Prague and the Fear of Being Alone

After Bucharest, I made a solo journey to Prague for three days.

I arrived in Prague and the first thing you realize when you’re traveling alone versus with at least one other person, is that it is easy to get overwhelmed.  You can’t lie down and start crying in the streets (even though you might want to) so instead you’re forced to figure things out. I didn’t have Wi-Fi, so I was relying on an offline map I had downloaded—thank goodness for apps. I got turned around several times (I have never experienced such winding, confusing streets as in Prague), but eventually made it to the Old Prague Hostel where I would be staying. I couldn’t check in yet, so I dropped my bag off with hostel staff and headed out to Hradčany, the Castle District.

Instead of taking the quick way to the castle, over Charles Bridge, I decided to explore farther south in the “New Town” area of the city. I saw the National Theater, a spectacular building with an ocean blue roof covered in shining, golden stars. After crossing Legions Bridge I came across a café I had read about and stopped in for a bite to eat.

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Map of the city. The Castle District is in the upper left and the National Theater is in the lower right.

The interior was beautiful, but at first it was hard for me to notice because I was so conscious about the fact that I was about to eat alone at this lovely spot. As humans, we are typically social creatures. When we do things alone they’re usually not done for fun, but done out of necessity; getting groceries, going to the post office, walking to work. Therefore, when we go to do fun things alone, we are horrified! Go to a movie alone?! Sit in a park and have a picnic…alone?! Enjoy a brunch sitting alone?!  Nope, never, absolutely not going to happen. Somehow, though, travel allows me to pretend I’m not the shy little introvert that I am. So by god, I sat alone at that restaurant and enjoyed every single bite of my eggs benedict with a twist.interior was beautiful, but at first it was hard for me to notice because I was so conscious about the fact that I was about to eat alone at this lovely spot.  As humans, we are typically social creatures.  When we do things alone they’re usually not done for fun, but done out of necessity; getting groceries, going to the post office, walking to work. Therefore, when we go to do fun things alone, we are horrified! Go to a movie stag?! Have a picnic with me and my shadow?!  Enjoy a brunch sitting solo?! Nope, never, absolutely not going to happen. Somehow, though, travel allows me to pretend I’m not the shy little introvert that I am. So by god, I sat alone at that restaurant and enjoyed every single bite of my eggs benedict with a twist.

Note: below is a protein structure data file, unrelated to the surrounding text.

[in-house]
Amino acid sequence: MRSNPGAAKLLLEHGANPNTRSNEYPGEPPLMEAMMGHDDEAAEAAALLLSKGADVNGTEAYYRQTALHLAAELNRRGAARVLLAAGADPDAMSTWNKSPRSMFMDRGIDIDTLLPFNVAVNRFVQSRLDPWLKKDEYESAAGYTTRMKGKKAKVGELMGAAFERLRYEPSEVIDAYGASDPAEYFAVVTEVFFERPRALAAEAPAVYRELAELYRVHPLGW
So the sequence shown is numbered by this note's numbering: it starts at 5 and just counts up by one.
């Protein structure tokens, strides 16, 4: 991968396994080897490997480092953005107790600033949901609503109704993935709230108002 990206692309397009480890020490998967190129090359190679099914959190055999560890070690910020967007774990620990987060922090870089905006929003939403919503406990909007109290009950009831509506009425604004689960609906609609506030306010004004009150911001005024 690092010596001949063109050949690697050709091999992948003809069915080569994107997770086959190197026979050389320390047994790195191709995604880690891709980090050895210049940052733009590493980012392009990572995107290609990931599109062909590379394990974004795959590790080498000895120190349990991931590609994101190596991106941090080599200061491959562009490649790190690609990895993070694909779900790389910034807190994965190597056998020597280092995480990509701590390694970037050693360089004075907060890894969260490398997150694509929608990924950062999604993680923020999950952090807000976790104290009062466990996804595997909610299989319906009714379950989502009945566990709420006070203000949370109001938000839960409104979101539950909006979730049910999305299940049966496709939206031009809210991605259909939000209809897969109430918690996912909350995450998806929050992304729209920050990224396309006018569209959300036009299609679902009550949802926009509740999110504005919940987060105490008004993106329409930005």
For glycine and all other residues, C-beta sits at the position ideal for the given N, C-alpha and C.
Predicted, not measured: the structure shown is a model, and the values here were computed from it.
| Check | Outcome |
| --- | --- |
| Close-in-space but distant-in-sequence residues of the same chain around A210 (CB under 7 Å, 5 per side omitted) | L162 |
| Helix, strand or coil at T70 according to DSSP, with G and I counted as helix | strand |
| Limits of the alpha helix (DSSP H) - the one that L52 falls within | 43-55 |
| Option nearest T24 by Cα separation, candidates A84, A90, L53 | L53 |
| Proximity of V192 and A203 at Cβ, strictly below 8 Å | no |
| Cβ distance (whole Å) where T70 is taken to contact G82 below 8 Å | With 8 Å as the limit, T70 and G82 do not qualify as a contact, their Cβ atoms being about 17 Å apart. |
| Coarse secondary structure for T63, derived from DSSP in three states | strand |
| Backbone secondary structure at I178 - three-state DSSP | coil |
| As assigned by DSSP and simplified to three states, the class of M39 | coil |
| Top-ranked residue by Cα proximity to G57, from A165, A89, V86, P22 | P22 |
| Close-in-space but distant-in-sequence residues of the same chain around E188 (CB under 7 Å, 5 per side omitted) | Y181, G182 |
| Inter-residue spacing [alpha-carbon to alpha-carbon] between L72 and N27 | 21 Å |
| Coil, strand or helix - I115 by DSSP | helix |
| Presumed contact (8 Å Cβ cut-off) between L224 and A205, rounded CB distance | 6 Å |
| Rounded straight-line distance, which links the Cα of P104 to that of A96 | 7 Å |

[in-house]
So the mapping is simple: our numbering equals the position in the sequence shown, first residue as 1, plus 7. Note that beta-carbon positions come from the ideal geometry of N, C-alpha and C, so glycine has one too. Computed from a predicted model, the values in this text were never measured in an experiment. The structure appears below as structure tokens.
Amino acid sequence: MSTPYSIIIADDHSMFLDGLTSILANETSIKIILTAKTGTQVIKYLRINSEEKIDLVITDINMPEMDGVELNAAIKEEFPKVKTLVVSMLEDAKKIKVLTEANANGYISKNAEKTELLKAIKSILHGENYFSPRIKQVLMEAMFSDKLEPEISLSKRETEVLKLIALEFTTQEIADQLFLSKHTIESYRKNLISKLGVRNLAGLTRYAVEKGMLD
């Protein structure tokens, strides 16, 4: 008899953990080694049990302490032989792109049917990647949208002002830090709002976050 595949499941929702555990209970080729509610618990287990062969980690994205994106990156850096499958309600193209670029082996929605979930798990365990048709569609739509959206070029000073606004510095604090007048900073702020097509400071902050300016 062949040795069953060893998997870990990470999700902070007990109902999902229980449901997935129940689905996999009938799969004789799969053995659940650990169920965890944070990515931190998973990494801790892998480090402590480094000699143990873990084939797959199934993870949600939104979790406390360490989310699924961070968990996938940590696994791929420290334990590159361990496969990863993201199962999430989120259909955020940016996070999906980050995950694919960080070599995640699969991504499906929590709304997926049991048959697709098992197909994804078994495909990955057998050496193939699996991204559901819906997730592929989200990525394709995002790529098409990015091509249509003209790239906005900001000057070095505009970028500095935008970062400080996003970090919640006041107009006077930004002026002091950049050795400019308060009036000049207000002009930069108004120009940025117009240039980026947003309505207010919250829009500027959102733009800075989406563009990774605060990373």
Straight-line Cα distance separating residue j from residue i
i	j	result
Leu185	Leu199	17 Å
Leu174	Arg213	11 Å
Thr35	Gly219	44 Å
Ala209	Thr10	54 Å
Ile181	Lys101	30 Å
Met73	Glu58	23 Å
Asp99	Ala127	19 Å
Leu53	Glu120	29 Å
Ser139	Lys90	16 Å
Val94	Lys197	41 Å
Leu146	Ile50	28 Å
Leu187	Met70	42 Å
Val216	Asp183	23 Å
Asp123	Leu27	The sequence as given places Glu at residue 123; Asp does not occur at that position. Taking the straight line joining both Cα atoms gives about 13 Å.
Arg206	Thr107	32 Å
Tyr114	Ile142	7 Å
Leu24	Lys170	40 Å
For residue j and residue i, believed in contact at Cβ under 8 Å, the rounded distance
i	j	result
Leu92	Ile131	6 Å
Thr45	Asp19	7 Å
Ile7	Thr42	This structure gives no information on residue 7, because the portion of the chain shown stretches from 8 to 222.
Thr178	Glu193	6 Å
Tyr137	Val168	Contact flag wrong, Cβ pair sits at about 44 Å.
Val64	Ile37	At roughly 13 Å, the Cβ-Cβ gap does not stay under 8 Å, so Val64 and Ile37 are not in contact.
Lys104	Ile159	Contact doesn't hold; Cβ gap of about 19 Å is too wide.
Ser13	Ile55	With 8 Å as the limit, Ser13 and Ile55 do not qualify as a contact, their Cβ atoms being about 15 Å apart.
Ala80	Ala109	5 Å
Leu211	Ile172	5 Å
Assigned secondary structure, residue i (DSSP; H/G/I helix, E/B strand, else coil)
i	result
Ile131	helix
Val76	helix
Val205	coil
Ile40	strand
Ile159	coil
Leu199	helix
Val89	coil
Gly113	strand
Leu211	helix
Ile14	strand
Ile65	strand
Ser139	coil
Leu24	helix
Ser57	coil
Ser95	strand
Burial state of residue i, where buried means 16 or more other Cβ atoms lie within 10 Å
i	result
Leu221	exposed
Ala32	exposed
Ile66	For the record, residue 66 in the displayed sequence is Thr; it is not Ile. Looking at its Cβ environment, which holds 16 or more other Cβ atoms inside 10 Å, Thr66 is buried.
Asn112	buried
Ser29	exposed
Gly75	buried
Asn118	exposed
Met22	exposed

This beauteous brunch (apple juice included) was under $7.

This beauteous brunch (apple juice included) was under $6.

I even managed to learn a thing or two about the history of Café Savoy by talking to an old man sitting at the table next to me (a regular).  He told me the cafe was opened in 1893 and became famous for both its service and its Neo-Renaissance ceiling.  It also has an ideal location: near to the National Theater, Kampa (a city park), Old Town, and New Town.  However, during World War I, socialists took over the space and used it to recruit new members.  Luckily, the owner had decided to cover the ceiling in order to protect it.  His smart thinking saved the ceiling during both World Wars and since then has been restored to its original design.

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I can only hope I look as good as Cafe Savoy when I’m 100…

I slowly enjoyed my meal, chatted with the friendly fellow next to me, and learned some history. These are all things I probably wouldn’t have done had I been with another person. I would have felt the need to go and see as much of the city as possible, running from one historical venue to the next to squeeze as much in as we could. Instead, I may not have seen as much of the city as I could have, but because of my interactions in Café Savoy I felt more connected with the city than I otherwise would have.

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